Because the San Gabriel Valley Municipal Water District and other water agencies throughout the Valley have employed sound water management practices for several decades, and because the Valley has reduced consumption in recent years through water conservation, the Valley is not in immediate jeopardy of major water shortages. We do have water in reserve. Some people believe in the adage that “we will not run out of water, but we will run out of cheap water.” To a degree, we are protected by larger regional water storage facilities and a reduction in water demand resulting from effective water conservation efforts.

For cities served by the San Gabriel Valley Municipal Water District, we have been preparing for water shortages like this, effectively providing you with “water insurance.” In other words, as residents in our service area use water from local wells, we’ve been actively helping to refill or replenish the groundwater that supplies those wells with imported water delivered via the State Water Project.

The worsening drought (2021) means less water is available in the Valley and in the local mountains to help supply our local groundwater system, and the recent reduction (2021) of water deliveries via the State Water Project means we have less water available to replenish those groundwater supplies. Thus, our water insurance is declining – reservoir levels are lower, groundwater levels are lower, snow packs throughout local and regional mountain ranges are lower.

The drought results from a “triple threat” lack of precipitation in the following geographic areas:

  • San Gabriel Mountains which feed local wells and water supplies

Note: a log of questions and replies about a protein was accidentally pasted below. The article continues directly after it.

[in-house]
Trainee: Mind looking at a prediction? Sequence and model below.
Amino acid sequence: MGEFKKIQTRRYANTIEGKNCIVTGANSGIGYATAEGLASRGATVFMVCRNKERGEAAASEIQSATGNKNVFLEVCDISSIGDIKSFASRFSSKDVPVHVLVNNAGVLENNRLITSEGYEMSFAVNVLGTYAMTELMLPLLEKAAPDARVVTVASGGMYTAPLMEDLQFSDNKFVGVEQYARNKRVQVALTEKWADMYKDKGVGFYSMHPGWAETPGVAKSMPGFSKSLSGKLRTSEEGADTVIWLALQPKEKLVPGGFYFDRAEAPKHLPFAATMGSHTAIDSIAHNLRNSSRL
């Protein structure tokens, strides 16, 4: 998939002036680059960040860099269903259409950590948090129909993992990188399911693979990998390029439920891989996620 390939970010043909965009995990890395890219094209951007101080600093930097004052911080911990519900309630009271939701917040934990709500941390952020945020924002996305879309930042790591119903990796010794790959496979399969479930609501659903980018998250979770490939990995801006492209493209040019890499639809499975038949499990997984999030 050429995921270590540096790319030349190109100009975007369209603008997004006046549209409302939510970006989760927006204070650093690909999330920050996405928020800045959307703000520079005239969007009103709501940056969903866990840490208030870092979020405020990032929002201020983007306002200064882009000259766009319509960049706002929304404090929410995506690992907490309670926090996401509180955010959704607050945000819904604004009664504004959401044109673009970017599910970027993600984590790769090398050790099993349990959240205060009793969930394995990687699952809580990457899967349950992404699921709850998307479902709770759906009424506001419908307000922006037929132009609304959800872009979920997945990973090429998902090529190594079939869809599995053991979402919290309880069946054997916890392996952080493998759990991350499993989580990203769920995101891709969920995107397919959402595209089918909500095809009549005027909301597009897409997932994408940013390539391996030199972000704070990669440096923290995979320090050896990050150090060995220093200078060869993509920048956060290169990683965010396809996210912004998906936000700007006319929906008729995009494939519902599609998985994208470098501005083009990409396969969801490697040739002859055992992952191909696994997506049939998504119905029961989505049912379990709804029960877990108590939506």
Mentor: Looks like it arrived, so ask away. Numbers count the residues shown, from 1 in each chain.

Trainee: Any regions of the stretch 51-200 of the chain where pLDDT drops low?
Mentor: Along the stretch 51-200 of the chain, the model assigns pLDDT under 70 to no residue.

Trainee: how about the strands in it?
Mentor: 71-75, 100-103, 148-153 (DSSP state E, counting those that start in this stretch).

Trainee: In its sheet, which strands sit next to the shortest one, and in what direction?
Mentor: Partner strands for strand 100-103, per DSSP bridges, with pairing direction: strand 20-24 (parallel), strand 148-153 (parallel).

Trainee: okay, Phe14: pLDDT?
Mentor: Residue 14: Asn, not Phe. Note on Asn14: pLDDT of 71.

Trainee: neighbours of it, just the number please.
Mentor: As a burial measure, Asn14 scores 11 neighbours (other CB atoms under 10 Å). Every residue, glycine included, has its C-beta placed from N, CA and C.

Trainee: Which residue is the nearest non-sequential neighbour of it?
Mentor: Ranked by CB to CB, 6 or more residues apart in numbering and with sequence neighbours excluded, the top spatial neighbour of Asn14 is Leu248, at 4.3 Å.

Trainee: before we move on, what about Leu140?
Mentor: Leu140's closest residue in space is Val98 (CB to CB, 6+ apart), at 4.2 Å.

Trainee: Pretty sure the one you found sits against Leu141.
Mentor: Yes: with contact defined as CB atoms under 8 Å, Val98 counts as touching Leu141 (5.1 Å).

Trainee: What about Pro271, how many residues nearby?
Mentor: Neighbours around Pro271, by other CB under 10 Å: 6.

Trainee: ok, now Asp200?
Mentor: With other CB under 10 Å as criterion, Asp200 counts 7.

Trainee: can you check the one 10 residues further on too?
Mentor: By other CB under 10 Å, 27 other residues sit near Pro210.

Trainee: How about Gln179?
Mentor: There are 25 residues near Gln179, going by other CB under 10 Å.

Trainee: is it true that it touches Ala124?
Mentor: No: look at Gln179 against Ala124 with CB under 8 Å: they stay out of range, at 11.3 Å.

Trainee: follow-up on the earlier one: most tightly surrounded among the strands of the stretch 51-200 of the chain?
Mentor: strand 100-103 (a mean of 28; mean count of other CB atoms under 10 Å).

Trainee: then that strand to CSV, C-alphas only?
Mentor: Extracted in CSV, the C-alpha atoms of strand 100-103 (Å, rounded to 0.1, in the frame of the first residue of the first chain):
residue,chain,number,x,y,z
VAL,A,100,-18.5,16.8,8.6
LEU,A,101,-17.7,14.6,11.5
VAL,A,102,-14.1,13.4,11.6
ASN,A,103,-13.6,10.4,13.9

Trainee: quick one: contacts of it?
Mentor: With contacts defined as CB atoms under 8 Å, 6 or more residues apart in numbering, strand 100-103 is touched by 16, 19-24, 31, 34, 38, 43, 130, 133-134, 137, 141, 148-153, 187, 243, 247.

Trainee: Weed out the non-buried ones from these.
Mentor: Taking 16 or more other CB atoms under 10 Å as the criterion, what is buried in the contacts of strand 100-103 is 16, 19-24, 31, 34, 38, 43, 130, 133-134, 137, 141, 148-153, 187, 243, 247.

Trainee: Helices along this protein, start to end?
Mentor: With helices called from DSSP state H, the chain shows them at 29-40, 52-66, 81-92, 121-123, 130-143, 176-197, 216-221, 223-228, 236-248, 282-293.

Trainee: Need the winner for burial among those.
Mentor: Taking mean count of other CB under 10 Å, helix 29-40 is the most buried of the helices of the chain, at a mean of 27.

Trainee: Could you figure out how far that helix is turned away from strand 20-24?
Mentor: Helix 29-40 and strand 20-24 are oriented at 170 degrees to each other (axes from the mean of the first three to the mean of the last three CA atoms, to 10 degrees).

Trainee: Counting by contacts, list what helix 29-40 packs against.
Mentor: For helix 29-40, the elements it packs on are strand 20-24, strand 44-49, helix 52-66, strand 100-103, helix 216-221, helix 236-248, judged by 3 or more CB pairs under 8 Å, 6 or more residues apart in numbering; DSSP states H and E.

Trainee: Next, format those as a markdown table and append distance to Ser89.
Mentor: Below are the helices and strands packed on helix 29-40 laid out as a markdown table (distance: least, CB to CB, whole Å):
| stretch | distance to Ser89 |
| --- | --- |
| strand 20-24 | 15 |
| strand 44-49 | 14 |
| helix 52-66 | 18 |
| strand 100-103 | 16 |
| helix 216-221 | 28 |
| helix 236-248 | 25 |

• Sierra Nevada Mountains which feed the Owens River, the L.A. Aqueduct, Northern California, the Sacramento-San Joaquin River Delta and the State Water Project/California Aqueduct
  • Western U.S. and the Rocky Mountains which feed the Colorado River.

Present Drought Conditions : Spring 2021

Unlike 2014, when Governor Brown declared a statewide drought emergency, Governor Newsom has not issued a drought emergency statewide. He has issued a statewide drought proclamation and a drought emergency in 41 of the state’s 58 counties. Nor have mandatory statewide water-use restrictions, such as those imposed in April 2015, been enacted. However, state officials, such as Karla Nemeth, Director of the California Department of Water Resources, stated in early 2021, “There is no doubt California is in a critically dry year. State agencies, water suppliers and Californians are more prepared than ever to adapt to dry conditions and meet the challenges ahead. California gets most of its annual precipitation from a handful of major and infrequent winter storms, which have become even more unpredictable as a result of climate change.”

The U.S. Drought Monitor graphs below illustrate how drought conditions vary over time and how conditions have worsened at the outset of 2021.

The State Water Project is the State’s largest water project and brings water from the State’s wet northern region to 25 million residents and 750,000 acres of farmland via the California Aqueduct. Late each year, the State prepares preliminary plans for the amount of water (Allocations) that will be made available the following year to State Water Contractors and other water agencies via the State Water Project. Those plans are sometimes modified in the ensuing months based on rain, snow and existing hydrological conditions.

As shown on the graph below, given the dry winter, in April 2021, the State announced it was reducing planned Allocations from 10 percent to five percent. That means less water from northern California will be provided to state water contractors such as the San Gabriel Valley Municipal Water District (serving the cities of Alhambra, Azusa, Monterey Park or Sierra Madre) or the Metropolitan Water District of Southern California, which also serves parts of the San Gabriel Valley.

SGVMWD’s full allocation of imported water is 28,800 acre-feet, thus, only 1,440 AF are available in 2021. The elimination of this imported water, used largely to replenish underground water supplies, will put increased demand and stress on our local wells, reservoirs and other water supplies. Thus, the amount of water in local wells will decline faster than when water deliveries are taking place.